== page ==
Call the 11th edition of Art Basel the year that the race to take in all of the must-see works all over town, the wheeling and dealing, the champagne guzzling, the celeb sighting, the luxury brand-subsidized partying — finally all boiled over.
You’re a bejeweled duo of ladies from Italy, fabulous in designer labels, beyond practiced in the art of getting your way wherever you go in the world? You were still not getting in to the white-on-white 60th anniversary party for Moncler atop the 1111 building on Lincoln Road Friday night, no matter what Moncler muckety you claimed personally invited you or the scale of the meltdown you indulged in at the velvet ropes.
This past week, the biggest, most jam-packed, most financially successful Art Basel yet saw well-heeled temper tantrums galore, as flabbergasted VIPs from all reaches spewed profanities in an impressive array of languages at stone-faced doormen (and the millennial version of the girl with the clipboard, namely, the girl with the iPad) who have stopped countless people cold outside swanky events by Chanel, Cartier, Dior Homme, Fendi Casa, Dom Perignon, Carrera and more.
But thankfully, this year’s sensory circus, which finally folds up after Sunday, has also been about art. From the Wifredo Lams, Ai Weiweis, Man Rays, Jenny Holzers and endless more stellar works at the main fair inside the Miami Beach Convention Center, to what has been generally deemed as extraordinary quality at satellite fairs such as Art Miami, Miami Project Art fair, Design Miami and others, Basel week hasn’t forgotten its reason for being, no matter how many brands piggy-back on the largest contemporary art fair in the world to market their fizzy water, champagne, shoes, watches, cars, condos, private jet companies, down coats and just about every luxury item imaginable to captive, deep-pocket crowds.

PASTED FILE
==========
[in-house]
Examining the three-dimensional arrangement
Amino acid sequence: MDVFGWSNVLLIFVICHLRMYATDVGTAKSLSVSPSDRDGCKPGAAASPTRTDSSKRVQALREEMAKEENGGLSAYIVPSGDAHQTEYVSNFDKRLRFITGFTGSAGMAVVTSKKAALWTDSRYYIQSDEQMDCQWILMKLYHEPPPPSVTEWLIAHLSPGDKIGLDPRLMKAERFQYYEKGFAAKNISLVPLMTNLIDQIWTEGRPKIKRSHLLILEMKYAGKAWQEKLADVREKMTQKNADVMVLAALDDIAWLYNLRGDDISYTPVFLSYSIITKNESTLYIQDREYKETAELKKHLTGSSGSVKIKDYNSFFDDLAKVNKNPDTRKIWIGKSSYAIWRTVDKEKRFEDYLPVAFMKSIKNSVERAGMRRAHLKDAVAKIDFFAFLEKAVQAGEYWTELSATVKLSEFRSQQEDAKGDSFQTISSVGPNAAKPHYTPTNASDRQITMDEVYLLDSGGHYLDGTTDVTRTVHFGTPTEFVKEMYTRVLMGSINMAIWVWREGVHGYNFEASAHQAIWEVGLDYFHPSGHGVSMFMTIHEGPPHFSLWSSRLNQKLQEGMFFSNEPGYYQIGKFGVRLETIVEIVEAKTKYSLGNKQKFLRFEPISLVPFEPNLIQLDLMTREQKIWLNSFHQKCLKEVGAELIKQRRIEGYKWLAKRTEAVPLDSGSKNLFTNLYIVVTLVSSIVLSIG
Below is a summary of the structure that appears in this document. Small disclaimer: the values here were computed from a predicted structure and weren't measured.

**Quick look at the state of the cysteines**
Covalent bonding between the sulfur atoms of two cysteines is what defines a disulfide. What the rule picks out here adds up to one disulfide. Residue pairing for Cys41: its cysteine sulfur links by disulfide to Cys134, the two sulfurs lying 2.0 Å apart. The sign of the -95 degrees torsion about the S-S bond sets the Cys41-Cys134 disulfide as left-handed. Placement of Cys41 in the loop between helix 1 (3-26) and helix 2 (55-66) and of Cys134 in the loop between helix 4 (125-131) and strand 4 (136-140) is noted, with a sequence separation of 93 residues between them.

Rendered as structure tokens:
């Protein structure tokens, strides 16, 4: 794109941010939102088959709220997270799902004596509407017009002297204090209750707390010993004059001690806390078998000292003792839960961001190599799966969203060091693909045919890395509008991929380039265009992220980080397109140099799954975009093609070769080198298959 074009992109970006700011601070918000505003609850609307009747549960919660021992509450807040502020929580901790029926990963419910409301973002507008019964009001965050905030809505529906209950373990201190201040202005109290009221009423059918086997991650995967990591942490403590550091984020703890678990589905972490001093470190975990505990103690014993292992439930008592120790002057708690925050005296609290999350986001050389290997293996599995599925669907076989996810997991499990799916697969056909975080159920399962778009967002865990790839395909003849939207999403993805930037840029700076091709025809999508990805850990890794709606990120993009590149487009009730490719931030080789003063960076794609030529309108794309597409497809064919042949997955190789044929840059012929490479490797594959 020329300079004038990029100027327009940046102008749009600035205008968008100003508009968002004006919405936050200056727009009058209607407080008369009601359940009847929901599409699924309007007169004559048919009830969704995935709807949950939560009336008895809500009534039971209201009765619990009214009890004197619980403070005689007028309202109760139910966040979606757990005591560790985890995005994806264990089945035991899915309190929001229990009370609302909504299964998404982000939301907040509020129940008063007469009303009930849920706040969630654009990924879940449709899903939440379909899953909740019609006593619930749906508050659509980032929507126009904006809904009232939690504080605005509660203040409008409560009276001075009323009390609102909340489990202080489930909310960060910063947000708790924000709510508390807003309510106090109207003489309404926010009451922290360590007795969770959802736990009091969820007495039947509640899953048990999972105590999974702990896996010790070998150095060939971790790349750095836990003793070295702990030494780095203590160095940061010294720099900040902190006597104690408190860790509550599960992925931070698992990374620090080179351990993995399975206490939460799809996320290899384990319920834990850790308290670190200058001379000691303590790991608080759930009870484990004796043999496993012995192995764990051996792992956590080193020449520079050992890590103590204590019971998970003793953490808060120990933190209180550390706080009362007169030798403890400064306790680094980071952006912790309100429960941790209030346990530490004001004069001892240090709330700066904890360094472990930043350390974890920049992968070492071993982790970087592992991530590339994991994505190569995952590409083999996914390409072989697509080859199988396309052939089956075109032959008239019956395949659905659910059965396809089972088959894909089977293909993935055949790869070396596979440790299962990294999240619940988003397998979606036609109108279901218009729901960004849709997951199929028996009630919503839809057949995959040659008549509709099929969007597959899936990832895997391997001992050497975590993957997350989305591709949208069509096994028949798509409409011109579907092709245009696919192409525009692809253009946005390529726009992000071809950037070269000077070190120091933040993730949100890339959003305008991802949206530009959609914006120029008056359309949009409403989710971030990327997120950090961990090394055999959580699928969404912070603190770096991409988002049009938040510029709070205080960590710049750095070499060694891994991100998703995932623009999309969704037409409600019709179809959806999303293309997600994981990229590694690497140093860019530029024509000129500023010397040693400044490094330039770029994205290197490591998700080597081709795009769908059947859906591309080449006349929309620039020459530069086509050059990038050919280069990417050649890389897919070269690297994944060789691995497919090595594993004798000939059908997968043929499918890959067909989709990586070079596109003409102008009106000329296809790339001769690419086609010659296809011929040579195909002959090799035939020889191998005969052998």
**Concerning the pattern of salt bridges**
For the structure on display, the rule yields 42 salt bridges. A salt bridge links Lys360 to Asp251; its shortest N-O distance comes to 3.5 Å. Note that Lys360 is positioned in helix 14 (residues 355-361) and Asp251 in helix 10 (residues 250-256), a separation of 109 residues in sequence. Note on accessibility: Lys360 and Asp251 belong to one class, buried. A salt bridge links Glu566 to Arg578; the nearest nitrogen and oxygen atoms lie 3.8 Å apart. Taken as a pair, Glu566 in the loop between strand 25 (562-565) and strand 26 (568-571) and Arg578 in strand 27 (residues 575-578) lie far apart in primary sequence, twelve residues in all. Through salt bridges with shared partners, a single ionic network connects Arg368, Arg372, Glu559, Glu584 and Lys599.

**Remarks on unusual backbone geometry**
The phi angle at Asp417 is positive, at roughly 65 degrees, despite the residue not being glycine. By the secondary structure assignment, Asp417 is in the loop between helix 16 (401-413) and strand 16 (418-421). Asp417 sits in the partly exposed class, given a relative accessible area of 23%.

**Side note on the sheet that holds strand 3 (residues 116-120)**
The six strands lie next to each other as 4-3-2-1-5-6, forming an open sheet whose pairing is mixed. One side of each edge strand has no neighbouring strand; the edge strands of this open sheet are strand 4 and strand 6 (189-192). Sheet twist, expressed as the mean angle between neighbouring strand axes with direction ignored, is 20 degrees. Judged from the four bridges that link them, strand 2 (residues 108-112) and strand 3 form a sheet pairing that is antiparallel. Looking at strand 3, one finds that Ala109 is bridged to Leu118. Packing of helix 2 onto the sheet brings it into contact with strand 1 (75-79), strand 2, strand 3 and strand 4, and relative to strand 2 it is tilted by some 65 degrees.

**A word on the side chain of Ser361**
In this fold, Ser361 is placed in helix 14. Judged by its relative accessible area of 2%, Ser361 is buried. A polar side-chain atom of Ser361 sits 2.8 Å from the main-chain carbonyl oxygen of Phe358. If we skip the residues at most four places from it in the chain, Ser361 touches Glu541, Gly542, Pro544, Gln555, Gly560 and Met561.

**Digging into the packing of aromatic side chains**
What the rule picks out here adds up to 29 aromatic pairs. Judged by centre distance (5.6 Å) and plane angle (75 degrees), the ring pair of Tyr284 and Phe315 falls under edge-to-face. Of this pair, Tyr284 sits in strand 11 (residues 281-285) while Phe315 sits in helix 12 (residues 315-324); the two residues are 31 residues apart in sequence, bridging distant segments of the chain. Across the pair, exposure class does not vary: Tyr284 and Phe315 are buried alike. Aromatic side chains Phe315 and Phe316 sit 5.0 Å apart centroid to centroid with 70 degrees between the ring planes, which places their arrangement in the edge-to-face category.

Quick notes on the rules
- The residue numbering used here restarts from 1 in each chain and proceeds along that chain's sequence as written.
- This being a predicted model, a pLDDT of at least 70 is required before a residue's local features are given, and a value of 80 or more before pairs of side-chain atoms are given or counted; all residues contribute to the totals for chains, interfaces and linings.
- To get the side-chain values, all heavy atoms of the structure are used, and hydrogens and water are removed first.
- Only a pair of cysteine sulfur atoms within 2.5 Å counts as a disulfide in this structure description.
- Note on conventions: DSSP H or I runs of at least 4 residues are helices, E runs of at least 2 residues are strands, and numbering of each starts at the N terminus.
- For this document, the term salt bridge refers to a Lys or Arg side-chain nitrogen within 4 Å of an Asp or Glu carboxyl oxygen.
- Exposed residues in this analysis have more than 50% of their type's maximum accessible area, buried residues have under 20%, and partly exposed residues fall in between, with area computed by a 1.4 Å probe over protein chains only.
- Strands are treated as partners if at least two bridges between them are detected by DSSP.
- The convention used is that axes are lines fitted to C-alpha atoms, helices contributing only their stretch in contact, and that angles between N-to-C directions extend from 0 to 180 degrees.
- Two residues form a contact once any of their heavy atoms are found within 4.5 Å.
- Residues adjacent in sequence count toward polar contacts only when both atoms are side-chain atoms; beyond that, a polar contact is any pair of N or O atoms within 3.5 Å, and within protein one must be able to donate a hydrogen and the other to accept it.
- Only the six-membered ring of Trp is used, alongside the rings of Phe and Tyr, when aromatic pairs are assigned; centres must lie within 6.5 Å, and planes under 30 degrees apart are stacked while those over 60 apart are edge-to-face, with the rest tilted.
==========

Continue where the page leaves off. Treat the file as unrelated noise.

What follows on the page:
And pointing to the end of the Great Recession, for many in the wealthiest classes, anyway, dealers at the main show have been reporting mega sales, as have many of the nearly two-dozen satellite fairs that have pitched tents and taken over hotels and warehouses.
“Collectors have been feverishly looking this year,” said Brook Dorsch, of Wynwood’s Dorsch Gallery, who reported brisk sales from his booth at Pulse at the Ice Palace production studios near Overtown. “It seems people have finally recovered from their financial losses. When the economy crashed, everybody pulled back. But this year, they’re all back with a vengeance.”
Miami Project Art Fair, a new entry in Midtown Miami, is also reporting killer sales, prompting managing partner Max Fishko to declare they’ll be back in 2013.
“I was aware that this was a very oversaturated market. But we knew people would immediately understand the difference at our fair, where you don’t feel like you’re coming into some crammed, noisy cattle market,” Fishko said Saturday. “I think people are feeling expansive this year. There may be a little less going on at the low end of the market, but the middle and high end seem to be coming back in a very strong way.”
But for all world-class public art, for all the street artists working day and night to finishmurals in Wynwood, for all of the packed public and private museums offering some of the best art in the world — there was a clear negative: a blown-out party scene.